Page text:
Author: Sigrid Undset. Translater: Tiina Nunnally
Publisher: Penguin Books
Genre: Historical Fiction
Paperback Edition: 1124 pages, The Cross – p. 703-1124
Source: Personal copy
The author won the Nobel Prize in Literature for this novel of 14th century Norway. This beloved classic tells the story of a passionate and headstrong woman, Kristin Lavransdatter. Few novels compare. Readers and critics often speak of the transporting nature of certain genres and certain novels. No story has ever had the transporting power for me that this one owns. The lyrical beauty of the writing, the ability of this author to make medieval Norway come alive: it’s daily life, the weather, the qualities of the natural surroundings, the politics and the people seem to this reader to be unequaled in any other novel I have ever read. And the story is one that makes one lose all thought of the pages, except to keep on turning them.
Though it is unusual for readers to read such a long book twice, I have just completed my second reading. I was introduced to this book by my niece perhaps twenty years ago. I read it and loved it. As frequent readers of this blog may remember I bought a lovely paperback edition a few years ago at a writer’s conference. It includes an inviting introduction, all three volumes of the trilogy with references and explanatory notes. The font is completely readable. Last winter I read the first two volumes. Perhaps because I remembered that volume three tells the story of the later years of Kristin’s life and endings for her great love Erlend Nikulausson, years of deep sadness, I put the book aside with that last volume still to be read.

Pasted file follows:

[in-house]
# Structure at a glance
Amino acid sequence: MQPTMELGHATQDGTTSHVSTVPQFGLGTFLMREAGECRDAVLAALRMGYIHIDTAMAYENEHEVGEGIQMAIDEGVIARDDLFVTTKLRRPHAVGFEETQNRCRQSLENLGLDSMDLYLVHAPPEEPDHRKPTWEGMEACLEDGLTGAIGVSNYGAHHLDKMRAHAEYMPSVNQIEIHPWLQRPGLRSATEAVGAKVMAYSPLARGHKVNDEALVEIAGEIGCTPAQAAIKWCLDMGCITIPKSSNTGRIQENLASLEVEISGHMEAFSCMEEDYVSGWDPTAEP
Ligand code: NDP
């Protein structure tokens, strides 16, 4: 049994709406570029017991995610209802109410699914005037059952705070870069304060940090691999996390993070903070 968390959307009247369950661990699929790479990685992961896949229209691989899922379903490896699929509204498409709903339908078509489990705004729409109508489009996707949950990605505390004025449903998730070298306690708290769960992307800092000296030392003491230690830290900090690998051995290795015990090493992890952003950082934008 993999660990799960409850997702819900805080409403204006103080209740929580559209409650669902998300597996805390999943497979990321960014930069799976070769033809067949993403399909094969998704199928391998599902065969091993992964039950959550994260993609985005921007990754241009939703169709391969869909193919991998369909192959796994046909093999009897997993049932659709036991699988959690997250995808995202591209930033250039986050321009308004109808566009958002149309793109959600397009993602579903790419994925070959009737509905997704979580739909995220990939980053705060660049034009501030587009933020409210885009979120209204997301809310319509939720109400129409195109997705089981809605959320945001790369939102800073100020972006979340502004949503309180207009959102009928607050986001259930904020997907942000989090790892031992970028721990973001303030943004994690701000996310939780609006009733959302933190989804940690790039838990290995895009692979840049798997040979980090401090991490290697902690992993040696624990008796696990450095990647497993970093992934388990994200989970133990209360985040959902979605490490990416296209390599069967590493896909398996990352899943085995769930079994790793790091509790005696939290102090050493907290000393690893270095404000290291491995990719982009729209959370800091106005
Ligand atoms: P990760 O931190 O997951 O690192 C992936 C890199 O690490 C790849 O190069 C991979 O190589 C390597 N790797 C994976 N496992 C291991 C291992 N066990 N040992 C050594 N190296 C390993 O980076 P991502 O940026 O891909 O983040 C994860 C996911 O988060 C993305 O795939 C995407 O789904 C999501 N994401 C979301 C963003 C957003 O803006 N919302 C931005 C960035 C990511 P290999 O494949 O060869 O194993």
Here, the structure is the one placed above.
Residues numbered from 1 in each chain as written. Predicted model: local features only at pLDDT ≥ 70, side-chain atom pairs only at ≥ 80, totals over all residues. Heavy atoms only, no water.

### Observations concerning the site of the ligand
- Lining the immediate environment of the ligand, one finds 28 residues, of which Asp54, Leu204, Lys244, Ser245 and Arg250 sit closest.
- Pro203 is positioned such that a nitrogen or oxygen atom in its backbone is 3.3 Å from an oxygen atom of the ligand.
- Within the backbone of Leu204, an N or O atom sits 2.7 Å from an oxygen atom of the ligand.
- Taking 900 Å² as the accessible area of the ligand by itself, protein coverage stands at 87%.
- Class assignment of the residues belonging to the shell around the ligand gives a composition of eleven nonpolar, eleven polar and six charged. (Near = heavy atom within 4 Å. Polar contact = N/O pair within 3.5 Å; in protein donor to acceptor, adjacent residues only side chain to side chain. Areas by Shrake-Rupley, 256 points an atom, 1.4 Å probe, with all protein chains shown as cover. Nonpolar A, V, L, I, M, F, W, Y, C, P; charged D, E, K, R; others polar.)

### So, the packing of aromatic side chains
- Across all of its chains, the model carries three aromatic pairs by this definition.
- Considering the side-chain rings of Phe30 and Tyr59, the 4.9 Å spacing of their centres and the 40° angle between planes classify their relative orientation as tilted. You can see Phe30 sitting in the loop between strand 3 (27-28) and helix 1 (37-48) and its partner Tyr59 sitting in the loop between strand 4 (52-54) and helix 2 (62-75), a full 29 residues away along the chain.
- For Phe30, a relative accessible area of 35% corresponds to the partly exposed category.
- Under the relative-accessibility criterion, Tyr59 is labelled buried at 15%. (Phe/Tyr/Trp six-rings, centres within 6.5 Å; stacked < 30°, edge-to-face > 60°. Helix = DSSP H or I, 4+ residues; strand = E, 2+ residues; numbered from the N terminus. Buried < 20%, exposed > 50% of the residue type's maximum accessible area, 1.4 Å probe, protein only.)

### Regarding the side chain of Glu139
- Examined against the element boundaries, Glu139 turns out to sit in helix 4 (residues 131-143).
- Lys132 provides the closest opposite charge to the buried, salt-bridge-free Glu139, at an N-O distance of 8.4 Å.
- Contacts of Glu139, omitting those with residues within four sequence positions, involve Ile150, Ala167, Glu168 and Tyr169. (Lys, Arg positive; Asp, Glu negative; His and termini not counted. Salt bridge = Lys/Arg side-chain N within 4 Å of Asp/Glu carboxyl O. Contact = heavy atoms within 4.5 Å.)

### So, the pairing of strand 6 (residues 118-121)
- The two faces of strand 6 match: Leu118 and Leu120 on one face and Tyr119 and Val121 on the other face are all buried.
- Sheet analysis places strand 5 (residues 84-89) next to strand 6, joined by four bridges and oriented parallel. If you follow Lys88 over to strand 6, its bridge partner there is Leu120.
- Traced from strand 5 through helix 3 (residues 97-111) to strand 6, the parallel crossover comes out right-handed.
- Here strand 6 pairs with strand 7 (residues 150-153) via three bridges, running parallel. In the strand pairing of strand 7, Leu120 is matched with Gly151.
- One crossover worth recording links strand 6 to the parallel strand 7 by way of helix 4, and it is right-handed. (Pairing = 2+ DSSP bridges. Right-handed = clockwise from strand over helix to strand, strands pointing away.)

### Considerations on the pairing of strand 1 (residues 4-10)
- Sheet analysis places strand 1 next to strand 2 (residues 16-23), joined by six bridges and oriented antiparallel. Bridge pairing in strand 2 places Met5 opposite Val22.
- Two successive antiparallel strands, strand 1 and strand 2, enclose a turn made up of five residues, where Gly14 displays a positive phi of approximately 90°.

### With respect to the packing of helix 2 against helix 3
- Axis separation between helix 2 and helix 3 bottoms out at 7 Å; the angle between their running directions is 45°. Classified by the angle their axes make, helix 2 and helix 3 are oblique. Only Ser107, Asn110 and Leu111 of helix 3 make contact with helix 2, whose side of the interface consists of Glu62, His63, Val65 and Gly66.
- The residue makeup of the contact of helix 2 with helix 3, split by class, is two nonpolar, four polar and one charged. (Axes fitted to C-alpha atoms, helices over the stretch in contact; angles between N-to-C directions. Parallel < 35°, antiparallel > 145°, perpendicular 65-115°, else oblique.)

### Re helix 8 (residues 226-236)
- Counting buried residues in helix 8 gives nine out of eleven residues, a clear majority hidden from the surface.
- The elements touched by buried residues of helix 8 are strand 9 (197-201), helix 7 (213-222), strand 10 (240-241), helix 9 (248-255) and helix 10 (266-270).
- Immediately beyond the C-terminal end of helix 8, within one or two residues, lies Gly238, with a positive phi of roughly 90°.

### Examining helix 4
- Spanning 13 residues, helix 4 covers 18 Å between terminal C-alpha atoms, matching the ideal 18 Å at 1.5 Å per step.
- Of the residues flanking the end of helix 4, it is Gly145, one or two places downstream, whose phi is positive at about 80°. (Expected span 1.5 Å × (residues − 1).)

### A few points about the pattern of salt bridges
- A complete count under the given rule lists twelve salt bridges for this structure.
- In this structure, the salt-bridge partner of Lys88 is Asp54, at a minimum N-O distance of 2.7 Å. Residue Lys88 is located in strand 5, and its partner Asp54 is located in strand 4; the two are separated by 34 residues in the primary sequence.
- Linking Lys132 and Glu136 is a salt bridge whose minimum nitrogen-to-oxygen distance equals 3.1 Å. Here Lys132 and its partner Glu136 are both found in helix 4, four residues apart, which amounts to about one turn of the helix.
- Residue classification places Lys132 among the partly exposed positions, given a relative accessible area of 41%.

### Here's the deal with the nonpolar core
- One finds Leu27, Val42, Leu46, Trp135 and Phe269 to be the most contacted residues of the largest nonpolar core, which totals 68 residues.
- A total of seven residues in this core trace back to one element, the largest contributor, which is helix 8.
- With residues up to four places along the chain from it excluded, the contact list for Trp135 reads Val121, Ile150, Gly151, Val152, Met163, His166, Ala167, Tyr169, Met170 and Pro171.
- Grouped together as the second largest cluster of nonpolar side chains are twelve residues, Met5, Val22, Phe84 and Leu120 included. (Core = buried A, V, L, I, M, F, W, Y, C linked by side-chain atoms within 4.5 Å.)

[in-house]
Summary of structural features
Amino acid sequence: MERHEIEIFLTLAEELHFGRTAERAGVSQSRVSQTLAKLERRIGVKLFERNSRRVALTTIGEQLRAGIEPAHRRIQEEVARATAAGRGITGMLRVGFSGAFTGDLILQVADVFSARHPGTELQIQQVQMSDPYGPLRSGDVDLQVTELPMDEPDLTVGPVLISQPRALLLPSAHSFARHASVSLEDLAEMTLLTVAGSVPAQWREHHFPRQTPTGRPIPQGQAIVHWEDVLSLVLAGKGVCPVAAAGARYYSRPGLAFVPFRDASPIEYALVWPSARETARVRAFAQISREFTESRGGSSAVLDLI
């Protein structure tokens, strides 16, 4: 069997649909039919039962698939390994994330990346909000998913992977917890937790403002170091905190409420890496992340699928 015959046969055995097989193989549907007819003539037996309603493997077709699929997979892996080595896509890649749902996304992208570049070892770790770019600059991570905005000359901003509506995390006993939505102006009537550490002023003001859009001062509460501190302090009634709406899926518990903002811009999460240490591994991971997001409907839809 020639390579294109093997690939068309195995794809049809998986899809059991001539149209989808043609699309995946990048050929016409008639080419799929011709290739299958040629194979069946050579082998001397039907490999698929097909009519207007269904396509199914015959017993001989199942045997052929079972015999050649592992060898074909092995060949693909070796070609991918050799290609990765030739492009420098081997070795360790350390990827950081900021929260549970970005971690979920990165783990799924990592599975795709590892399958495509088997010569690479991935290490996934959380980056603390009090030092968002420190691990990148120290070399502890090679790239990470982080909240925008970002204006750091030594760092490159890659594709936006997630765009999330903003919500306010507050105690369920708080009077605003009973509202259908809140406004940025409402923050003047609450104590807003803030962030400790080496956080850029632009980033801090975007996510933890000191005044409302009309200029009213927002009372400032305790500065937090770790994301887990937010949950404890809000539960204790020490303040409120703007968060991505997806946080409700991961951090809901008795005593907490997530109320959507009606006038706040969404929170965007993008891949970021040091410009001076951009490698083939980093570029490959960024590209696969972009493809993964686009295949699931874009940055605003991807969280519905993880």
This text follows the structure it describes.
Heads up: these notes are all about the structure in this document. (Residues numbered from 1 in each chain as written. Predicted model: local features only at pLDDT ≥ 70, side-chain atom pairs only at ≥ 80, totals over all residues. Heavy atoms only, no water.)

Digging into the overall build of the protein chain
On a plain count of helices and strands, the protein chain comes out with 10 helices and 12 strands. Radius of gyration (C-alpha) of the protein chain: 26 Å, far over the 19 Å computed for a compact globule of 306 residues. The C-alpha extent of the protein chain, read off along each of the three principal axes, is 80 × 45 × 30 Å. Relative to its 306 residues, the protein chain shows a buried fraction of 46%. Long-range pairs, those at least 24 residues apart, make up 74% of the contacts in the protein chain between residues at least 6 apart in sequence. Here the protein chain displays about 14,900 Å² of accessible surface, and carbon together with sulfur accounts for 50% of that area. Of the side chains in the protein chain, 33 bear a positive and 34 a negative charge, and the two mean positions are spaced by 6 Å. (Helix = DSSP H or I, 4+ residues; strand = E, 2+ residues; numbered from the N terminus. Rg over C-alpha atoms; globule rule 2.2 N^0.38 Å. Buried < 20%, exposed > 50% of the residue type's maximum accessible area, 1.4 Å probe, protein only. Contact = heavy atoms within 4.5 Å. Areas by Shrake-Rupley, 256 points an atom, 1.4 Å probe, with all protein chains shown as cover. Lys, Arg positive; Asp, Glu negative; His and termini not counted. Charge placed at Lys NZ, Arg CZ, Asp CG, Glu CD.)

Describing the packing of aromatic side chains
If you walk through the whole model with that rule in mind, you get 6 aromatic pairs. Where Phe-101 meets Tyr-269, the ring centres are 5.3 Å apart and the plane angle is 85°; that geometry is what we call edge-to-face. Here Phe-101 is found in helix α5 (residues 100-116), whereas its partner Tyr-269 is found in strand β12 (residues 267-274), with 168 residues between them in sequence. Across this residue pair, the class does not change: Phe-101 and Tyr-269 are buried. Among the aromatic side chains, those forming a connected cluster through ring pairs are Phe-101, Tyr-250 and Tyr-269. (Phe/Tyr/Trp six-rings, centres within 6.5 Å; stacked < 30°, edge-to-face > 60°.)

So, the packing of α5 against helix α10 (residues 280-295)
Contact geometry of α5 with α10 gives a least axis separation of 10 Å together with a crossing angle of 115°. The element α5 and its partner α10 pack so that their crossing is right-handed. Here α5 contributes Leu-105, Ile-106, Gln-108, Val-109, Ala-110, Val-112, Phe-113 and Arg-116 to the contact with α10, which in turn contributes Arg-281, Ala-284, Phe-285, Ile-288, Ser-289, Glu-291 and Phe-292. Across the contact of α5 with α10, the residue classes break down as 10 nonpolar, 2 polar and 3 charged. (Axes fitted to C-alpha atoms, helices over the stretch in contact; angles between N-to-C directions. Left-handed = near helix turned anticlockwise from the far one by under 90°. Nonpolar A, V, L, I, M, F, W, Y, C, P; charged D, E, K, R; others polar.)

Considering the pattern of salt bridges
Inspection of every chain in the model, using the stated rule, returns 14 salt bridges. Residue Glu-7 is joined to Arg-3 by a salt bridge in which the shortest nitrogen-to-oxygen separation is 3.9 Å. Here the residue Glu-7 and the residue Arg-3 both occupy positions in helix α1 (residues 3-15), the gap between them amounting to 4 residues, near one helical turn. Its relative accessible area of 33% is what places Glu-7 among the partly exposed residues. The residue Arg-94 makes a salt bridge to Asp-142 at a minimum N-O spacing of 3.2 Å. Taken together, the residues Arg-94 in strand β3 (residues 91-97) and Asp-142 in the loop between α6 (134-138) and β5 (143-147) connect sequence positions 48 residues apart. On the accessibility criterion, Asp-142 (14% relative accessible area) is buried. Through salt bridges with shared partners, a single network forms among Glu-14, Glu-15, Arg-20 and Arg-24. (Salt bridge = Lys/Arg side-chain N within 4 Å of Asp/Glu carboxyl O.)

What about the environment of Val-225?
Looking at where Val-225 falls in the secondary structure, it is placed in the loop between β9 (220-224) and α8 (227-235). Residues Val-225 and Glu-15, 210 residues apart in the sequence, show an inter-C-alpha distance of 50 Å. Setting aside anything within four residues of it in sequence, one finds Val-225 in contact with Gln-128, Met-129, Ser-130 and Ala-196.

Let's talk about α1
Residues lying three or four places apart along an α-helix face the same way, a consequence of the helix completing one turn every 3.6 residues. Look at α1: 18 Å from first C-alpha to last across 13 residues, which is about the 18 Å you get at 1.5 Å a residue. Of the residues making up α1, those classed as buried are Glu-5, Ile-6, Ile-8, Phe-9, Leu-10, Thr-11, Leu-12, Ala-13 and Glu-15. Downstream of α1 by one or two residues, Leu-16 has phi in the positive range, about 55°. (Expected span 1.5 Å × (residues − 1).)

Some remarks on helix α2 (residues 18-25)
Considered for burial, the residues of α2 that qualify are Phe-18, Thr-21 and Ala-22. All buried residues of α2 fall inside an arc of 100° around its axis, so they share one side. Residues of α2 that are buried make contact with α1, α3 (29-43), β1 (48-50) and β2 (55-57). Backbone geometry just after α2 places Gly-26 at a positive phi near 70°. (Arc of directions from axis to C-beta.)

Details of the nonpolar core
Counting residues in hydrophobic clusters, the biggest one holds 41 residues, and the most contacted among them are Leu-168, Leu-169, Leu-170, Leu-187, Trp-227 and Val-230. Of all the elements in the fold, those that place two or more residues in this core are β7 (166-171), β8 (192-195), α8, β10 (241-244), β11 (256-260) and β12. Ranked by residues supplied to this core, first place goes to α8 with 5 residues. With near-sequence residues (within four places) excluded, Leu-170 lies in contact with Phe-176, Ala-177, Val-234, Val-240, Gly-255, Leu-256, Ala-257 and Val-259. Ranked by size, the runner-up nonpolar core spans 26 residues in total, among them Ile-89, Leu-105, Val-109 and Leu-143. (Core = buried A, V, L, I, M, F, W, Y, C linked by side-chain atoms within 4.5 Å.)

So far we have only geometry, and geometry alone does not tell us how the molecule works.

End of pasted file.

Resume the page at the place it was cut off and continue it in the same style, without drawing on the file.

The minute I began reading The Cross a few days ago, I was again deep into the lives of Kristin, Erlend and their seven sons. Living with Kristin and her family is simply a wonderful place to be. In spite of some sadness, I enjoyed my time with her and her family in medieval Norway, in a way I have dwelt in no other story. For all this reader has said about the elements of this great story, none is stronger than the author’s ability with plot. It is as if she can think herself into the 14th century. She draws characters and action together in a manner that is completely enthralling and believable. No fallen woman in literature is more beloved than Kristin Lavransdatter.
It is with a full heart that I thank all those who brought me this reading experience. And I urge readers not to be daunted by three volumes or the ancient setting. It is quite simply my all time favorite reading experience.